TIM LINDSEY and DAVE MCCRAE. Australian-Indonesia: strangers next door

At the weekend, Prime Minister Malcolm Turnbull will meet with President of Indonesia Joko Widodo (Jokowi) on the margins of the Australia-ASEAN Special Summit. Although Turnbull seems to have built the positive personal relationship with Jokowi that eluded Tony Abbott, managing the bilateral relationship won’t be any easier for Turnbull than his predecessor.

The fate of the Indonesia-Australia Comprehensive Economic Partnership Agreement (IA-CEPA) illustrates the difficulties Turnbull faces. The signing of this agreement, under negotiation for almost a decade, was originally expected to provide the fresh “announceable” development that such meetings between leaders demand.

Although the signing may still happen, its likelihood has been descreasing for some months, all the more so as senior Indonesian ministers told the press on Tuesday that talks remain deadlocked.

Even if a deal is finally signed off, implementing it will be just as hard as its negotiation – maybe even more so. For all Jokowi’s repeated rhetoric of Indonesia being “open for business”, in reality his country remains strongly protectionist.

In part this is due to a tradition of populist mistrust of foreign capital, stoked by increased nationalism since the presidential elections of 2014. It is also partly because of a too-often corrupt and obstructionist bureaucracy, and a result of wealthy oligarchs’ capturing much of the political process and a good slice of the media too.

Jokowi’s promises count for little if these oligarchs choose to stymie deregulatory reform. The gap between his reformist policy announcements and the wicked problems foreign investors still face on the ground remains enormous.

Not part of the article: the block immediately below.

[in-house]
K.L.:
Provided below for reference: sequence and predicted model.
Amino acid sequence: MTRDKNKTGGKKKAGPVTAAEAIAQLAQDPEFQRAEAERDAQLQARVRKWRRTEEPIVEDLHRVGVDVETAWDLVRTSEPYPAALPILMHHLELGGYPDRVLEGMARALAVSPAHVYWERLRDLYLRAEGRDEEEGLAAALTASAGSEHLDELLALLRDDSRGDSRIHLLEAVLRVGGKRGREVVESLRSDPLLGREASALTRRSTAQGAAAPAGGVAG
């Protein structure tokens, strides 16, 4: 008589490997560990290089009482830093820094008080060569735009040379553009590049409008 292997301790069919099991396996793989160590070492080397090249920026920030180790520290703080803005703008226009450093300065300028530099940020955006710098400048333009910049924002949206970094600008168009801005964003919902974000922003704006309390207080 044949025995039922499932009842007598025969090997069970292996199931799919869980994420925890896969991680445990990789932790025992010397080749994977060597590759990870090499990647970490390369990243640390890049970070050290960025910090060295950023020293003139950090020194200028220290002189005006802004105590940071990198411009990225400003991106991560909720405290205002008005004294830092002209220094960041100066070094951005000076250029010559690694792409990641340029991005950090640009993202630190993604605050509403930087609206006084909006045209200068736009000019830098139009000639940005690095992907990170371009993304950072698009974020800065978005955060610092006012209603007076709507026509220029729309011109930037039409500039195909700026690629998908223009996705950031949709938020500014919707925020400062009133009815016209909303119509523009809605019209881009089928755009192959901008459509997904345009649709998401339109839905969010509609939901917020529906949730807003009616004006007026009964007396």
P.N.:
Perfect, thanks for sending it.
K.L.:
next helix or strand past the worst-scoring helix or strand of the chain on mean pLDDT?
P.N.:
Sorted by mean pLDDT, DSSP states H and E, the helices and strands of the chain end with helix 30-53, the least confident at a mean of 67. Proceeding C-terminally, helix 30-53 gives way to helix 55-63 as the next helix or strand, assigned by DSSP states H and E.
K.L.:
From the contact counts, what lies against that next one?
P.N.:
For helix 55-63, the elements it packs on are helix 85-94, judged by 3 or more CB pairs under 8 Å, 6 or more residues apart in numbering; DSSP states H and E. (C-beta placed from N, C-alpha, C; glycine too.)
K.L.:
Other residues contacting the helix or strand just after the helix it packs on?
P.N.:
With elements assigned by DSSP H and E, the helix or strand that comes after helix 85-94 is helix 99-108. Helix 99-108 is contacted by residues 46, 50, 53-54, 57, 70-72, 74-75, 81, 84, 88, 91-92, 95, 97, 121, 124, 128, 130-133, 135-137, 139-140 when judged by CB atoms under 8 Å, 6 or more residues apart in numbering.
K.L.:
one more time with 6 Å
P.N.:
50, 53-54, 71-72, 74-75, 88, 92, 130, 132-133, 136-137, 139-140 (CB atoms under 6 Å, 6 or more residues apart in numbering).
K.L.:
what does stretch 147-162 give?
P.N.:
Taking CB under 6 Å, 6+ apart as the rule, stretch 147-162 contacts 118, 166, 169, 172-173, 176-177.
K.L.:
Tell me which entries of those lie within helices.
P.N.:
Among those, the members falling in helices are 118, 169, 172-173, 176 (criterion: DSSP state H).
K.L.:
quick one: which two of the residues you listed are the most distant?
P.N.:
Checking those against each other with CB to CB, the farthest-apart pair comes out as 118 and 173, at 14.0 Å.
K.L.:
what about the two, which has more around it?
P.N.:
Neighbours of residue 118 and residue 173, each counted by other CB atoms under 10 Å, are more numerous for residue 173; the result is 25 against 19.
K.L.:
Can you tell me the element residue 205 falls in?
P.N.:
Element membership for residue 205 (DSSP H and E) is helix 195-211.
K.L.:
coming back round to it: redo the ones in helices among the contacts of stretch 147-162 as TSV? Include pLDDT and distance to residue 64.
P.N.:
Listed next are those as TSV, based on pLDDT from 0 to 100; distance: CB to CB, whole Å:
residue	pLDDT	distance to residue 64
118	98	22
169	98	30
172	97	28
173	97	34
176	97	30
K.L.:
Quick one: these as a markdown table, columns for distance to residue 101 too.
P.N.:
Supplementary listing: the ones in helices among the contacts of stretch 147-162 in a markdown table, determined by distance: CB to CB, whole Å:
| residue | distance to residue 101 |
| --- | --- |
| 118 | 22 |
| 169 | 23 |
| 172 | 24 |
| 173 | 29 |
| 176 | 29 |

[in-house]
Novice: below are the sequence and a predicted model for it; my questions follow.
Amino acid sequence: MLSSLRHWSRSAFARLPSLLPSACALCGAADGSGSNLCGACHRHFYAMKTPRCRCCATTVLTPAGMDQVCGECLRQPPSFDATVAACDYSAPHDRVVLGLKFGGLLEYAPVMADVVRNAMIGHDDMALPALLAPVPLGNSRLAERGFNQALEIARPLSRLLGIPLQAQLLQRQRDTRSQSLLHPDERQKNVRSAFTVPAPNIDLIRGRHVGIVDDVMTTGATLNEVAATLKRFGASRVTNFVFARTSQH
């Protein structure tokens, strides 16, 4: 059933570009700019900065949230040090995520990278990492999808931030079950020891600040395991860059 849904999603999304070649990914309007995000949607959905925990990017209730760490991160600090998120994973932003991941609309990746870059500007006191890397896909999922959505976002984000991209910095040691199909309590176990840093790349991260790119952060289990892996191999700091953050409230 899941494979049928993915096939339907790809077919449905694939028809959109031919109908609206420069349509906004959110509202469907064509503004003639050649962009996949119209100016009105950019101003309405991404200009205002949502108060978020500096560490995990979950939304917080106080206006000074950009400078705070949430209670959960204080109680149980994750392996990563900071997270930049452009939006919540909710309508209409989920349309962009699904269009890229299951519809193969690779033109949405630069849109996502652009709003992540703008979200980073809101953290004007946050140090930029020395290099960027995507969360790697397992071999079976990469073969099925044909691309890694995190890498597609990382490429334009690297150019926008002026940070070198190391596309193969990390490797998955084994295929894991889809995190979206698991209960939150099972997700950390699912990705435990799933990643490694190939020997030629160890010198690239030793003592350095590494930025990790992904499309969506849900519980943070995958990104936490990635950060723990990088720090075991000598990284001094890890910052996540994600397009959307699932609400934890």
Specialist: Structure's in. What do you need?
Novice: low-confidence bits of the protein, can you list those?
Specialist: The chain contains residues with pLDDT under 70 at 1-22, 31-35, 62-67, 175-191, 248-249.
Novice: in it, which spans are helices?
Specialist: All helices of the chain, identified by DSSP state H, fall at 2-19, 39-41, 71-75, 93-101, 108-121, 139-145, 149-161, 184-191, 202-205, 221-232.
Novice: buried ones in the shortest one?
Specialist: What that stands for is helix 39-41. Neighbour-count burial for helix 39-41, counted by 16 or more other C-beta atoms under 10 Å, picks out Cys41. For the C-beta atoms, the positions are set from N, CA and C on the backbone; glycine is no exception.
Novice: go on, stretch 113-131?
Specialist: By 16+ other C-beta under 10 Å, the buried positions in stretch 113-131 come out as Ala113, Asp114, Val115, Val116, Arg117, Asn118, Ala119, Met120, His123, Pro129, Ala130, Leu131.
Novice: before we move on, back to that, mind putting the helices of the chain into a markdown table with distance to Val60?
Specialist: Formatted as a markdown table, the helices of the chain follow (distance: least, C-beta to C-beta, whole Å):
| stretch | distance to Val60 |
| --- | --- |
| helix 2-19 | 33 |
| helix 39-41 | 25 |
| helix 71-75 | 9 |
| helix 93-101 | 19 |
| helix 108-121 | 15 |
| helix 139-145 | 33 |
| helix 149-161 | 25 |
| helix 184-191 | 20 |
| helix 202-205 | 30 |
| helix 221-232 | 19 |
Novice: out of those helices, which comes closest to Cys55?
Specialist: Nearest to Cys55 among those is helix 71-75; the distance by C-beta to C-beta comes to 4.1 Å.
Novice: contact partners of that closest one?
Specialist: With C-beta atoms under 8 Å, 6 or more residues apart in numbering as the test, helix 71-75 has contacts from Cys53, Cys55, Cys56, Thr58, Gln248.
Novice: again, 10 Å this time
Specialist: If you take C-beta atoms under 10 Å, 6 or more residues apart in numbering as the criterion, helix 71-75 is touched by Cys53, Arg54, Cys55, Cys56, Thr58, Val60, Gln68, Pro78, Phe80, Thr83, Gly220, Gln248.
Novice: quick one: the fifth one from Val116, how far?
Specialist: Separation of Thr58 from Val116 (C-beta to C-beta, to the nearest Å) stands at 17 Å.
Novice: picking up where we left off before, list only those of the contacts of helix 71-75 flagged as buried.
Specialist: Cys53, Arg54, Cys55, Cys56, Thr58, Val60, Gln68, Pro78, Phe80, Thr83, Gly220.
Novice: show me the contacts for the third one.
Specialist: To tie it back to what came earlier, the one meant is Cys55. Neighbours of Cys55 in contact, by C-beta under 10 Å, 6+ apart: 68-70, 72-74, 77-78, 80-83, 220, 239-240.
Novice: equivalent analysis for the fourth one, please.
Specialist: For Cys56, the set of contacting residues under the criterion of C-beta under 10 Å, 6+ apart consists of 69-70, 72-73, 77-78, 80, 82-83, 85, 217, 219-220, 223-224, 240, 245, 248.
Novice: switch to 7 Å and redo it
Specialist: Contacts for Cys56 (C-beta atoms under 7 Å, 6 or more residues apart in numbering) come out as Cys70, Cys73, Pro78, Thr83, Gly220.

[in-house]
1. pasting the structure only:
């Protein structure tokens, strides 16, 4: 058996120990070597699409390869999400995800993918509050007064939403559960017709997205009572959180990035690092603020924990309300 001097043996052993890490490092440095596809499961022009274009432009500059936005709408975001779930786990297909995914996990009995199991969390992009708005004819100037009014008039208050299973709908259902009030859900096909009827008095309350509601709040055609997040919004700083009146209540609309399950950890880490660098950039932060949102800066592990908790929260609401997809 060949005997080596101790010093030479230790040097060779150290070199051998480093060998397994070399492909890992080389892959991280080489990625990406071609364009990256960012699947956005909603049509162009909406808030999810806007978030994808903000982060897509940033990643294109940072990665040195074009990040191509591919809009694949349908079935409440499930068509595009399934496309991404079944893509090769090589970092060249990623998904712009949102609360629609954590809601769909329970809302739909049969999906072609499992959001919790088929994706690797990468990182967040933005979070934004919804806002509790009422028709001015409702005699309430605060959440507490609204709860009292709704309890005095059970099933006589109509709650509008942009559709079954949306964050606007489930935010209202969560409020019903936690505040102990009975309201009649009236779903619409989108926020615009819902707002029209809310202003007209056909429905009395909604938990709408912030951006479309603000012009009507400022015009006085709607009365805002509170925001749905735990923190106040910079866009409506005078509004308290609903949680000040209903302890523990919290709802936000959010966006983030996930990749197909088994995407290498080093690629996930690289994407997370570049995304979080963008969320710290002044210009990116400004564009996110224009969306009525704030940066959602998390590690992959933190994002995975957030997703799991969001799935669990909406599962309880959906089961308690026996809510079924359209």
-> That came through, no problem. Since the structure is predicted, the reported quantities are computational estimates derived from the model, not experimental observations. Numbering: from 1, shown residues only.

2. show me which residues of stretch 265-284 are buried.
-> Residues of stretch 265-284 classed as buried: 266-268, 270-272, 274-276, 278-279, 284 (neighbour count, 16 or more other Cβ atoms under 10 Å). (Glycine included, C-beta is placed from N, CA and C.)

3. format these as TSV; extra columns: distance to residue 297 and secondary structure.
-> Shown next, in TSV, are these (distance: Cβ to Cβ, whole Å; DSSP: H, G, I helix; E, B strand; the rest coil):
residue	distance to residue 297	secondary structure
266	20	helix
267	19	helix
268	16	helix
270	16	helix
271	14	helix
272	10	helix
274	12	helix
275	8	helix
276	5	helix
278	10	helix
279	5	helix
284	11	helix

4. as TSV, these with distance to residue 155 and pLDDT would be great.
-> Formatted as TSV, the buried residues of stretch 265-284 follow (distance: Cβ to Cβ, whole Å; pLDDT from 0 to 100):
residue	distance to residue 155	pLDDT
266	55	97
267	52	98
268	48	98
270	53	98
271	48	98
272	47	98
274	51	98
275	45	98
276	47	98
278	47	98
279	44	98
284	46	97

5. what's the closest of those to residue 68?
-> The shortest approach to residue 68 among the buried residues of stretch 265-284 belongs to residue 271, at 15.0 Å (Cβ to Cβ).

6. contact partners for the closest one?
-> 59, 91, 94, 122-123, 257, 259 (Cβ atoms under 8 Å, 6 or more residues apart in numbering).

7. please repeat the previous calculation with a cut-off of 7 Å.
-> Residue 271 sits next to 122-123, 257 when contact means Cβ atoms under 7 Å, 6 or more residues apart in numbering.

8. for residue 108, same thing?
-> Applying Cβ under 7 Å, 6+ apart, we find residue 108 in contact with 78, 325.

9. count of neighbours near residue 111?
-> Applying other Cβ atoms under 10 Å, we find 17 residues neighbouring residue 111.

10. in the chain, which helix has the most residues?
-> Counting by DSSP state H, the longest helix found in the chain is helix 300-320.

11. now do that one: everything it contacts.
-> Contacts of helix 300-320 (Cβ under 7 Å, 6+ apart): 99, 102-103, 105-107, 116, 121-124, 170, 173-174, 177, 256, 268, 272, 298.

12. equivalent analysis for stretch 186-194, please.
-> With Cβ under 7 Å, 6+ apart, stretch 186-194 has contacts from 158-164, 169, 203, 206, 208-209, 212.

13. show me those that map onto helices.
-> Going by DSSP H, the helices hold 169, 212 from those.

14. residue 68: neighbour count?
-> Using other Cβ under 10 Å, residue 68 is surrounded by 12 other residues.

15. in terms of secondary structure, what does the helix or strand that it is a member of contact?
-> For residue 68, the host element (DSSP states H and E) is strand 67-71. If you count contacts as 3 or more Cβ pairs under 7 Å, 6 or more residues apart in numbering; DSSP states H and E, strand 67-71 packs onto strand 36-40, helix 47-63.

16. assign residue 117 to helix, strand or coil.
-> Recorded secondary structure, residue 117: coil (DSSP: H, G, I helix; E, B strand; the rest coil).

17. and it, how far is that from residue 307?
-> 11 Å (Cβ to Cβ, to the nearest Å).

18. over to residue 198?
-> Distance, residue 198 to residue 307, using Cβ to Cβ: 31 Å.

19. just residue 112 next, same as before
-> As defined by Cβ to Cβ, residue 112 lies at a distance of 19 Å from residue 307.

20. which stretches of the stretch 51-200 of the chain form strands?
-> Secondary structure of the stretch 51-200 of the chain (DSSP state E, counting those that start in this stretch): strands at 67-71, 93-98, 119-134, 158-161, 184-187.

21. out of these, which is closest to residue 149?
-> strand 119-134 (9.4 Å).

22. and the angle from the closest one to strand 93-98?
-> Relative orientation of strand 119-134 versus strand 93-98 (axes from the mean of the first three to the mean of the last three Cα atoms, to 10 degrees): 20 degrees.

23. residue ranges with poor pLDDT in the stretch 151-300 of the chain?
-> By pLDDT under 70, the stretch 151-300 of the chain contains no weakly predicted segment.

Of course, the difficulty of developing bilateral economic ties cannot solely be attributed to Indonesia’s challenging business environment. Australia’s business underperformance in Indonesia is also a result of the persistent popular misunderstandings of the country that led Australians to ignore our shared geography and miss out on the benefits of Indonesia’s 5% growth and much-predicted boom.

This creates a vicious circle. As Dave McRae and Diane Zhang argue in their contribution to our newly published volume on Australia–Indonesia relations, Strangers Next Door?: Indonesia and Australia in the Asian Century, Australia’s shallow economic ties with Indonesia leave nothing to counterbalance popular security fears about Indonesia. The Indonesian diaspora in Australia is surprisingly tiny given their home country’s enormous size and close proximity.

Popular anxiety about Indonesia in Australia was also aggravated by the rise of racial and religious identity politics evident in the Jakarta gubernatorial election last year, which saw the Christian ethnic Chinese incumbent Ahok imprisoned for blasphemy.

In fact, Indonesian Islam’s growing social and moral conservativism could become even more problematic for our relations with Indonesia. Having finally managed to legalise same-sex marriage, Australians will react badly if the Indonesian legislature’s current plans to amend its Criminal Code to criminalise homosexuality are successful. This has the potential to trigger an international tide of criticism against Indonesia, which will probably only strengthen anti-foreigner sentiment.

Fear and anxiety works both ways. Australia’s popular reputation in Indonesia is also often poor. A persistent perception of Australia as firmly “white” feeds nationalist suspicions of its supposed neocolonial motivations in dealing with Indonesia.

Papua will therefore continue to be a major fault line in the relationship, sitting at the intersection of powerful and often conflicting ideas about human rights and national sovereignty in the two countries. Many Australian activists who lobbied for democracy in Indonesia and self-determination for East Timor now see Papuan independence as a similar cause, infuriating Indonesian leaders.